I don’t want this headline to mislead people into thinking that somehow I will find the time to blog what’s happening for every week of the 2012-13 school year — let’s be clear that even though I’d love to have the time to update this blog every day, that’s probably not going to happen. Still, I thought week two of the 2012-13 school year might be a good time to “catch up” readers on what’s happening at the moment, since many of you are just tuning back in after a blissful summer of forgetting about everything SFUSD.
School is in full swing, and the big event for the week is happening midday Friday–at long last, the test scores for the 2011-12 school year will be released. The numbers are under lock and key, but I can say that we think they’ll be good — for all subgroups and particularly for the 14 Superintendent’s Zone schools. One key question will be how many students from various subgroups (racial groups, low-income students, special education students) took the test compared to the previous year, and how many took the California Modified Assessment. If most of our students of color took the CST and still improved, that (in my view) will be a huge vindication of the work the district has done in recent years. We’ll see – tune back in on Friday.
As we celebrate schools that improved, and dissect those that did not, we should remember that the standardized tests measure a very narrow group of indicators. Remember the adage (attributed to everyone from Albert Einstein to sociologist William Bruce Cameron): Not everything that can be counted counts, and not everything that counts can be counted. There are many thoughtful people across the state and the country urging states and the educational establishment to define school success more broadly, and indeed a recent article in Mother Jones (and a followup interview on KQED Forum) makes the case that one supposedly “failing” SFUSD school, Mission High, is proof that perhaps we are measuring “success” too narrowly.
There was also a Board meeting tonight — we discussed and adopted the Local Plan for Special Education (a document required by the state where the district attests to the services it is providing for students and provides a basic budget for those services); we heard public comment from some parents on resource and student assignment issues, including one charming grandmother and her grandson who came to praise EPC’s handling of their case — the family had wanted to enroll him in Marina MS for 6th grade but was offered Francisco MS instead — they weren’t thrilled at the prospect but accepted the spot and now, a week and two days in, came to tell the Board and Superintendent how happy they were. They had everyone in the room smiling by the time they finished.
The Board conducted a public hearing on initial proposals to our Crafts unions — civil service plumbers, carpenters, and other building trades. Finally we also passed a resolution urging the district to provide whatever volunteer support it can to a Mission High event in support of the Obama Administration’s new “Deferred Deportation for Childhood Arrivals” policy for undocumented youth.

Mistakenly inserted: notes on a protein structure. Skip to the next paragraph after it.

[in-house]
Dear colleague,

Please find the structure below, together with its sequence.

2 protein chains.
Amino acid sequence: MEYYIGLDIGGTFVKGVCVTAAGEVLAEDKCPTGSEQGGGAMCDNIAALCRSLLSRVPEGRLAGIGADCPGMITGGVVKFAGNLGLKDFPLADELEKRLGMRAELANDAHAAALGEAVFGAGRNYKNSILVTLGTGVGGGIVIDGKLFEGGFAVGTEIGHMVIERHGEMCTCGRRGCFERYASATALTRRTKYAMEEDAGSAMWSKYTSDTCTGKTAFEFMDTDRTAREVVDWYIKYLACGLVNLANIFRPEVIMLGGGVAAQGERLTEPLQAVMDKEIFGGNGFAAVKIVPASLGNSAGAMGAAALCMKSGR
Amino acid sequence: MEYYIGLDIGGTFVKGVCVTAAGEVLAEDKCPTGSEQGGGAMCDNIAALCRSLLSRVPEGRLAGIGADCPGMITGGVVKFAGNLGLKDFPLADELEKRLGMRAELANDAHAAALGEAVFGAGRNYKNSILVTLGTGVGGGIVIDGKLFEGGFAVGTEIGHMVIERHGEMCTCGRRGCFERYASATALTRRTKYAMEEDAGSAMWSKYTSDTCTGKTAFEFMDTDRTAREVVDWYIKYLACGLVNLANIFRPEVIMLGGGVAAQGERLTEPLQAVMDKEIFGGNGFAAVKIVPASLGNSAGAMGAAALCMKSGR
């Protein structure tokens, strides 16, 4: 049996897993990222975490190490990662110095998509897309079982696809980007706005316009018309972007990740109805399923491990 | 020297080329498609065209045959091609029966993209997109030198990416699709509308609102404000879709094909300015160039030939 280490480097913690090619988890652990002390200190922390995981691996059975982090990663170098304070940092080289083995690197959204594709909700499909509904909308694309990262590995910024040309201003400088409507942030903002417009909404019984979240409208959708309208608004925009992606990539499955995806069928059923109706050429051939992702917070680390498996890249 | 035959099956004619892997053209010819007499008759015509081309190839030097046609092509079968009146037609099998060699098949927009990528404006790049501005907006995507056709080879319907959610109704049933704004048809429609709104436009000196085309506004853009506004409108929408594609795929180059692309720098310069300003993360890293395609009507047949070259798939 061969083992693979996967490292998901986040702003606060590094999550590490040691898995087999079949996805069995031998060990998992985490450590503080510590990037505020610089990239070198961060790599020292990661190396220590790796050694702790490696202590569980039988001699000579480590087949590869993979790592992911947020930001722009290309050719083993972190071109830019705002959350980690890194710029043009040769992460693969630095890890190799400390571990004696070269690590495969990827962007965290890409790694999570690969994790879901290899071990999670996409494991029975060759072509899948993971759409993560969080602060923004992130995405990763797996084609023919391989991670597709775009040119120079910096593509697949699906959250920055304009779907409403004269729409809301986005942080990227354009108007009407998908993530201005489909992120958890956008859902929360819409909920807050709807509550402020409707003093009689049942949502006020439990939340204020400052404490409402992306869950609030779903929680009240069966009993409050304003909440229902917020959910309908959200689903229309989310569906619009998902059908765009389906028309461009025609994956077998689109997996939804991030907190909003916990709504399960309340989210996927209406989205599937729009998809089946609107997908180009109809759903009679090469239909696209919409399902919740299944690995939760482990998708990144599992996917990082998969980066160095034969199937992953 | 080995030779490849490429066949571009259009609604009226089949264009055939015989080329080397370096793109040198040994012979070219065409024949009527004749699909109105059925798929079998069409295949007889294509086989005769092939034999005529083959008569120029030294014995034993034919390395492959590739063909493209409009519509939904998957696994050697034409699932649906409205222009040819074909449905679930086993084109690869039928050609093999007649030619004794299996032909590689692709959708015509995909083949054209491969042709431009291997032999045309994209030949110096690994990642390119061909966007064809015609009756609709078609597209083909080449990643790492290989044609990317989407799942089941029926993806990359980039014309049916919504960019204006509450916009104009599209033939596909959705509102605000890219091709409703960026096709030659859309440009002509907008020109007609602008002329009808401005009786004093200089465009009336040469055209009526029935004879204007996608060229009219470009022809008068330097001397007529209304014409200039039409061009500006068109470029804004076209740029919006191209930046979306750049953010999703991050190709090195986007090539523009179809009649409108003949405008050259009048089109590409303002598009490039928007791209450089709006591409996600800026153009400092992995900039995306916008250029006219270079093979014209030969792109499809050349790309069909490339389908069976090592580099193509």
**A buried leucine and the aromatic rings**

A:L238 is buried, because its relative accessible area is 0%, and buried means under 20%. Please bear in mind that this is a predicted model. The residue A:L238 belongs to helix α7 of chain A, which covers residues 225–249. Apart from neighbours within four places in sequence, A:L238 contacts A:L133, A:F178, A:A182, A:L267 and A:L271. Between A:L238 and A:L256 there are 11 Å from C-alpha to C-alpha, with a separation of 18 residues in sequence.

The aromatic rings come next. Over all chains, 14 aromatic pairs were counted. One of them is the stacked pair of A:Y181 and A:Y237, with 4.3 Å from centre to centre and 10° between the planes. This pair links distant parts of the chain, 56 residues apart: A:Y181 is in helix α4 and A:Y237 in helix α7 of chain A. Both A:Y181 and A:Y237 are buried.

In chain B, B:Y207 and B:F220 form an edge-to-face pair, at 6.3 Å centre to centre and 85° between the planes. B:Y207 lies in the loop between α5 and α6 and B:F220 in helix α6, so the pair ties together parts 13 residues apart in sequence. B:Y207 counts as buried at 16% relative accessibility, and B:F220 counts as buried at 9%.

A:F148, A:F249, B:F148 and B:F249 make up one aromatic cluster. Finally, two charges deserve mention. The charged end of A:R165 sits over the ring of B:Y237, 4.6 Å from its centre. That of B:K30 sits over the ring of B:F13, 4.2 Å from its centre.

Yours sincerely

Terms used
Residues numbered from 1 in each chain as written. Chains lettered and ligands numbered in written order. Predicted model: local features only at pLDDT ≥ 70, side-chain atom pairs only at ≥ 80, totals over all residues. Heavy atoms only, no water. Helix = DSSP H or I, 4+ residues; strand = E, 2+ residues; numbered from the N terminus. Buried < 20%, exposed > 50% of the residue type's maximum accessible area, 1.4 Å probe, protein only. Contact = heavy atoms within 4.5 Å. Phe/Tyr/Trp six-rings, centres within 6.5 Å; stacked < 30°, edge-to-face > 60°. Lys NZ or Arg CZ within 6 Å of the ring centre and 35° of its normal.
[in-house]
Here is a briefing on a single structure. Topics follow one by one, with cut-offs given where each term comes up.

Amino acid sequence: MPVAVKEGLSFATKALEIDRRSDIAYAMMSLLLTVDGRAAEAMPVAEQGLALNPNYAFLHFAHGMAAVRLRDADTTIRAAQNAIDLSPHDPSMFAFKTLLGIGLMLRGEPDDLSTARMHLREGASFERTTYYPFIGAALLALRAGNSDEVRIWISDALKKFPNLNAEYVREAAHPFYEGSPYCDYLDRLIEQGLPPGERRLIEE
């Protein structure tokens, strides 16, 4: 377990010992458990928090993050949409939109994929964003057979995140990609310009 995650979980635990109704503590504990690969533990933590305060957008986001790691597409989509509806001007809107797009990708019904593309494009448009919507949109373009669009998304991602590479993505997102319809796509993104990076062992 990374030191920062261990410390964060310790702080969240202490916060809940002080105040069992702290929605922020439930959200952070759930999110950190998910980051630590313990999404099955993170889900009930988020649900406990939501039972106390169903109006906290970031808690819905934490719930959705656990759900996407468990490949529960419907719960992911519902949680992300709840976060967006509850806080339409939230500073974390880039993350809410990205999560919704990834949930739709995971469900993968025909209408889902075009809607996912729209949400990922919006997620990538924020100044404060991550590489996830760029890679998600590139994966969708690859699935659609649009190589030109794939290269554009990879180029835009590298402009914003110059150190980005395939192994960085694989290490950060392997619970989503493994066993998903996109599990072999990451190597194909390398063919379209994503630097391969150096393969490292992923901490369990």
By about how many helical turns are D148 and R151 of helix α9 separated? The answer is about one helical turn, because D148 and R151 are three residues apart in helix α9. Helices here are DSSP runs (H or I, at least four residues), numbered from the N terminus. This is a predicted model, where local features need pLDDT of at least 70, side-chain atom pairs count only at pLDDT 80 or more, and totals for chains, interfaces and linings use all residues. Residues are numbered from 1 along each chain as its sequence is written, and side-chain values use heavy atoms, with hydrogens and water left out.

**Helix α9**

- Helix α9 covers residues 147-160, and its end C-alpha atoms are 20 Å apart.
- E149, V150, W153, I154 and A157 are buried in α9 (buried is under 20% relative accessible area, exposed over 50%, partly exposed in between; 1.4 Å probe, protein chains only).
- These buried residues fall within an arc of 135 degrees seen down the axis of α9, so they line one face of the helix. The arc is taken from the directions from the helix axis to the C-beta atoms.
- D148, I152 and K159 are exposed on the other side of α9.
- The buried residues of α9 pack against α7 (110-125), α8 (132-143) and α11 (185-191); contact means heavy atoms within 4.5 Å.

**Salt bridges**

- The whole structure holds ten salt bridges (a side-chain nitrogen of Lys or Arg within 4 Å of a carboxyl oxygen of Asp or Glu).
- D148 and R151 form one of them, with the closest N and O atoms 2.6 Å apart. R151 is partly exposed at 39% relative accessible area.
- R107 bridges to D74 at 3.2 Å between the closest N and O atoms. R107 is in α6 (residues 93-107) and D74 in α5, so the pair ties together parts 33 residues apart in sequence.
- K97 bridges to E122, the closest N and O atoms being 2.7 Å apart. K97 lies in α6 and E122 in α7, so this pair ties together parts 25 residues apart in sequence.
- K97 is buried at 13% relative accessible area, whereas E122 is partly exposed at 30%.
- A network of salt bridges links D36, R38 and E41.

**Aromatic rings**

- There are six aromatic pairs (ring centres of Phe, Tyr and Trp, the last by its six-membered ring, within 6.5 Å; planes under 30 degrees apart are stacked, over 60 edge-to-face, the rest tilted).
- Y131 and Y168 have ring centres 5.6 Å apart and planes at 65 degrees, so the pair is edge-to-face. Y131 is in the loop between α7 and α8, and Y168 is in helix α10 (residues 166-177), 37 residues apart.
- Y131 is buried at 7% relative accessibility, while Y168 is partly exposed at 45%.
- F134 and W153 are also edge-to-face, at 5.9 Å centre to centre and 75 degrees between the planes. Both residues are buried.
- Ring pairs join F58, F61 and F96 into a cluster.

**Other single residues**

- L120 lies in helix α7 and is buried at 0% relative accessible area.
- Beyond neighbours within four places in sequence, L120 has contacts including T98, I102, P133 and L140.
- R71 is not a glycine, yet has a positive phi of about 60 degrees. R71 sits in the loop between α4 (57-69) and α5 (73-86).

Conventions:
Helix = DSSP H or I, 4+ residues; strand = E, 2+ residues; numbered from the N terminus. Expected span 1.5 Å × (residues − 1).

Probably the most contentious issue being discussed at the moment is a proposal from the Superintendent to eliminate the middle school (grades 6-8) at International Studies Academy (ISA) on Potrero Hill. Currently, ISA is a 6-12 school and is designated as the feeder school for Bryant and Daniel Webster Elementary. Instead, the Daniel Webster community has advocated for a Pre-K-8 school on Potrero Hill that would utilize the ISA site. There are some good arguments in favor of this plan: Daniel Webster is growing, ISA is currently under-enrolled and under-performing, and the latest enrollment data shows that demand for Daniel Webster may have slowed since the feeder plan was announced –the Daniel Webster community believes requests have slowed down because prospective families do not want to be fed into ISA for middle school. However, the current proposal would send Daniel Webster and Bryant 5th graders to Everett and keep the ISA open as a small high school. There are arguments in favor of this approach as well – Everett has space to accommodate these students and is growing in popularity; ISA is one of the few small high schools in the district’s portfolio and represents an important option for students.
The proposal was introduced tonight for first reading but was actually discussed in depth at Monday’s Ad-Hod Committee on Student Assignment — there was a great deal of public comment from the Daniel Webster community and questioning from Board members on how staff arrived at this recommendation above other options. Tonight, the Superintendent acknowledged that the proposal is affected by a complex mix of factors including transportation planning, enrollment projections and our middle school quality initiative — staff will be hashing out these factors and many others at an internal meeting later this week and after that will decide whether to withdraw the proposal, revise it, or bring the proposal and other possible options back for a deeper discussion at a Committee of the Whole in mid-September. I’ll post more information when I have it.